Smart bandages to help doctors keep a closer eye on patients

Connected dressings to use 5G to relay real-time health data
Smart bandages are happening soon
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Trials of sensor-packed bandages that are capable of monitoring wounds could start happening within the next 12 months.

The innovative development is being led by Swansea University's Institute of Life Science that is working on packing the tracking tech inside of 3D printed bandages.

Those sensors will be able to monitor the state of a wound and relay that information back to a doctor to help customise the treatment. All without having to make an appointment to actually see your doc.

Read this: How wearables will shape the hospital of the future

5G wireless data will ensure that information about the patient wound is sent to the doctor in real-time. "5G is an opportunity to produce resilient, robust bandwidth that is always there for the purpose of healthcare,' said Professor Marc Clement, chairman of the Institute of Life Science."

That 5G integration will also help to provide information on patient location and even keep tabs on how active the smart bandage wearer is being.

Clement also revealed that the Welsh Wound Innovation Centre are helping with the development of the smart bandages and that trials would go through the Arch wellness and innovation project. The development of a 5G test hub in the city is also going to prove crucial in getting everything up and running.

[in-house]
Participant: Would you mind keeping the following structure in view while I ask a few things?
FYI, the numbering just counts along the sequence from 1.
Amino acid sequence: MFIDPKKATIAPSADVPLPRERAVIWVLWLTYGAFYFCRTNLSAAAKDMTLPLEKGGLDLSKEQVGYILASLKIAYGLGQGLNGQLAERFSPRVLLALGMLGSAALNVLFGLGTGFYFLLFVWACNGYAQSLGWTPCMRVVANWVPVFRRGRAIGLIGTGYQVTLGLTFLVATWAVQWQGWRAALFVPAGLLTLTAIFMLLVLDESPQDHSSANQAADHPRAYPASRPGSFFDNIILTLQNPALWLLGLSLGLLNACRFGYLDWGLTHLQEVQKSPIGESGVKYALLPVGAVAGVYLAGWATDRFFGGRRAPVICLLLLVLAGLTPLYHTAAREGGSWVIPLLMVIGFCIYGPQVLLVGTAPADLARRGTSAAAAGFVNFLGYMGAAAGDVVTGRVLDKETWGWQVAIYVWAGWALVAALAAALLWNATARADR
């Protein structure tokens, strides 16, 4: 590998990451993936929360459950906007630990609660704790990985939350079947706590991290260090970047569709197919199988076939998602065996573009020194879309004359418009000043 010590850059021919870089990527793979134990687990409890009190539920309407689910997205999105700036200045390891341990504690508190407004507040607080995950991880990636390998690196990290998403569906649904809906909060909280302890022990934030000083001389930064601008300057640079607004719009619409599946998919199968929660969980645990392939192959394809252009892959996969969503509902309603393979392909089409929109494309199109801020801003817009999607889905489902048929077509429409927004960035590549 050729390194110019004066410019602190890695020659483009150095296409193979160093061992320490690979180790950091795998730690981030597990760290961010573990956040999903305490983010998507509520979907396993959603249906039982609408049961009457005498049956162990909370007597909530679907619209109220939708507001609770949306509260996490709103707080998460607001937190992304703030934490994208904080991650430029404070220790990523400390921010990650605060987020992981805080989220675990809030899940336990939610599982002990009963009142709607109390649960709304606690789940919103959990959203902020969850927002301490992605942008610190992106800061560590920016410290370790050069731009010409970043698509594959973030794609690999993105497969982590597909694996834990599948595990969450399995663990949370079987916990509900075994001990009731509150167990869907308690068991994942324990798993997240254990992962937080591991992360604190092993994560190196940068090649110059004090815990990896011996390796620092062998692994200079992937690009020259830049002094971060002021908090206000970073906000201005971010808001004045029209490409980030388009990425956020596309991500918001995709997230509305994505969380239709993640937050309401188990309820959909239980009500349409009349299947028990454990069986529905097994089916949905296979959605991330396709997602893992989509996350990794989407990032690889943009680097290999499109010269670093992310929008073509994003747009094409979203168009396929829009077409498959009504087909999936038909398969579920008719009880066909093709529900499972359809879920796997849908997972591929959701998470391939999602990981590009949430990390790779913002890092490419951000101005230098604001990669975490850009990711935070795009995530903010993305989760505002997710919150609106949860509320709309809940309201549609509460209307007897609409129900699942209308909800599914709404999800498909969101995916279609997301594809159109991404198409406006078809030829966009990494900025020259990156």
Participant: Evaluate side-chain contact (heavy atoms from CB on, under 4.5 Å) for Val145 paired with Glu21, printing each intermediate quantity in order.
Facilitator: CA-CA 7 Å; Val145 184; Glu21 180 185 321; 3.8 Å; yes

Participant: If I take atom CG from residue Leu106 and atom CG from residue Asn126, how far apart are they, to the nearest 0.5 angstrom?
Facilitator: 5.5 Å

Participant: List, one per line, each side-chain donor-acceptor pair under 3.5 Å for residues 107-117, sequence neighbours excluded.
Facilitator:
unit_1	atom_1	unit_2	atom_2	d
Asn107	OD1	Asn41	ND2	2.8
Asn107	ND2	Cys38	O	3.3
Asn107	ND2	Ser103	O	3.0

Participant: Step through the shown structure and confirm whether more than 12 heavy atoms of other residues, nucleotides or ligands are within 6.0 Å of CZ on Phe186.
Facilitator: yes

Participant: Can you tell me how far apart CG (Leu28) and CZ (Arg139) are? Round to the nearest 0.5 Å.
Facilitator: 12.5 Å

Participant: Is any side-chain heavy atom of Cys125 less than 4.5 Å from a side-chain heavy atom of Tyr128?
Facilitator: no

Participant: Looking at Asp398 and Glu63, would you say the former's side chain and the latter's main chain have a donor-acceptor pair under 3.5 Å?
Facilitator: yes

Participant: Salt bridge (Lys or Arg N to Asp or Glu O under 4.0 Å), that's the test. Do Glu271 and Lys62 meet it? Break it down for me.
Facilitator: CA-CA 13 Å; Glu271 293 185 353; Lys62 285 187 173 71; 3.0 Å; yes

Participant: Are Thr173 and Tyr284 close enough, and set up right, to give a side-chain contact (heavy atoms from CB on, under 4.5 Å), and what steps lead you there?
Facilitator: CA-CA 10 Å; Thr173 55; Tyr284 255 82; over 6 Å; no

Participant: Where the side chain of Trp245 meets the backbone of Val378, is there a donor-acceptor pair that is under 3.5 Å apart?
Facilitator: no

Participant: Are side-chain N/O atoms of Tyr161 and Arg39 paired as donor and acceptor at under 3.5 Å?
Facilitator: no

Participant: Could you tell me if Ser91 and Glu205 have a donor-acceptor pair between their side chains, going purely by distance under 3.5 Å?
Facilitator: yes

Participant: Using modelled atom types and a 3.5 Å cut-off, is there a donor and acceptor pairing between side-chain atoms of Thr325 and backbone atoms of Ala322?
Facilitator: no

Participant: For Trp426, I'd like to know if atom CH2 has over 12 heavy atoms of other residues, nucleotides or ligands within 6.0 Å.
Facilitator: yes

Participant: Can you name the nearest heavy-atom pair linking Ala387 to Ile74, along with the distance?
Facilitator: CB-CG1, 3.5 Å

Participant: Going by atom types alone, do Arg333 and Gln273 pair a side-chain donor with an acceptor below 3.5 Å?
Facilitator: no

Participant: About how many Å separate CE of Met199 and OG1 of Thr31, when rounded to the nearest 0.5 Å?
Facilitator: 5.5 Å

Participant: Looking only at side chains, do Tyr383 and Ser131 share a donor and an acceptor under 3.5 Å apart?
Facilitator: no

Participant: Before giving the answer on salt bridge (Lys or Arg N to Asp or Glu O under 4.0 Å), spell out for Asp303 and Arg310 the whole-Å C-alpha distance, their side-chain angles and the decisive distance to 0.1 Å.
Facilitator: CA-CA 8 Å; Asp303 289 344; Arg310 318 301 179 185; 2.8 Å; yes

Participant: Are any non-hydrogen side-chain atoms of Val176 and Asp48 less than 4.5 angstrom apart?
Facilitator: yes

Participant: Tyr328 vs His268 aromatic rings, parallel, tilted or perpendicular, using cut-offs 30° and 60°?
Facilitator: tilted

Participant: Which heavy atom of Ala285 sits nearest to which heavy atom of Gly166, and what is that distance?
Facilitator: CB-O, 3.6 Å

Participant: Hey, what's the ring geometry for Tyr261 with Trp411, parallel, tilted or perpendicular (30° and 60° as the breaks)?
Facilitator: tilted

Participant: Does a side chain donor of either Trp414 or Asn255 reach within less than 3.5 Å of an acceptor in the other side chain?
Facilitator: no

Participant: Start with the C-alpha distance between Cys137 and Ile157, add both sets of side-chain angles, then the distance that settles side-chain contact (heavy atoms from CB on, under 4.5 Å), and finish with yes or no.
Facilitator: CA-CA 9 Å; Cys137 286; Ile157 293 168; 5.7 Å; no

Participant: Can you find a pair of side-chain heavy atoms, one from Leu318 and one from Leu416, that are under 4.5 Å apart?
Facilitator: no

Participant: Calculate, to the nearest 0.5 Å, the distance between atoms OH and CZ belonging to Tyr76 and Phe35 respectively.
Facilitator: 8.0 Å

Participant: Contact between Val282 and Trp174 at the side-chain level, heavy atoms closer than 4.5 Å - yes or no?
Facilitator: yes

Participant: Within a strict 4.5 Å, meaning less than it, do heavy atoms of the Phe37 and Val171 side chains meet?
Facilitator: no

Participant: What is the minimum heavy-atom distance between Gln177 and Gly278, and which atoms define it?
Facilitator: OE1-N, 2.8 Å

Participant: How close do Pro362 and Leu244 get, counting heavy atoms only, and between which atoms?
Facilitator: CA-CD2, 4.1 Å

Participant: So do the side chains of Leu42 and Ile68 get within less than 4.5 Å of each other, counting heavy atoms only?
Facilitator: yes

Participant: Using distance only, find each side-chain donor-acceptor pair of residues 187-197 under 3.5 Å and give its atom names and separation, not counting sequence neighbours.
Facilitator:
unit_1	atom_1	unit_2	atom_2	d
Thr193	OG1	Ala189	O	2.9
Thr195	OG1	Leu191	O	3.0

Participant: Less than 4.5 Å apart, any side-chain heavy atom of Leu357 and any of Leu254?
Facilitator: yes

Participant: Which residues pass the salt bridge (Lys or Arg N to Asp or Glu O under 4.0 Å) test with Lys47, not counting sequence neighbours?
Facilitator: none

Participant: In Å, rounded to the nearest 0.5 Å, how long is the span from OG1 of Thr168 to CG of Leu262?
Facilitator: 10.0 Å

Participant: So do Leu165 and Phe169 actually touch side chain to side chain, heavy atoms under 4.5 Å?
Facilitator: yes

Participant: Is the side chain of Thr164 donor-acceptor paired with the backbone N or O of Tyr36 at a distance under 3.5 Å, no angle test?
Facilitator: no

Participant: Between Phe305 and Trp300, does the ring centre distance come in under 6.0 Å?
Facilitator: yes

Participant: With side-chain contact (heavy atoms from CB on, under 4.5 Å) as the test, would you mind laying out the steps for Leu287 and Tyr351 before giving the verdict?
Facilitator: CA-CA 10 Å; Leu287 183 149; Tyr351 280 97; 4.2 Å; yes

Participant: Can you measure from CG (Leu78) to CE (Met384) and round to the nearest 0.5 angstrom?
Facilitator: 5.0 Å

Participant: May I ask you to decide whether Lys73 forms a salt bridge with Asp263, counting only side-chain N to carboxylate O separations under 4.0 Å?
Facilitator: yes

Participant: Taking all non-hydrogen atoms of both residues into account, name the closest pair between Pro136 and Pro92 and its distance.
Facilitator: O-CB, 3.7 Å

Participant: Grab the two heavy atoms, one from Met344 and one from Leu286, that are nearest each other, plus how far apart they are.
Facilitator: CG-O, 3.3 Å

This isn't the first time we've heard about smart bandages of course. Last year, researchers at the University of Bath carried out trials on a dressing that changes colour to indicate whether a wound has been infected.

Researchers at the Massachusetts Institute of Technology have also been working on bandages that can provide medicine to a wound to speed up the healing process.

While it seems that there's still a lot needs to happen to make these smart bandages a reality, wearable tech is proving once again that's it going to play a major part in bringing doctors and patients closer together to make sure you get the treatment you really need at the time when you really need it most.

Source: BBC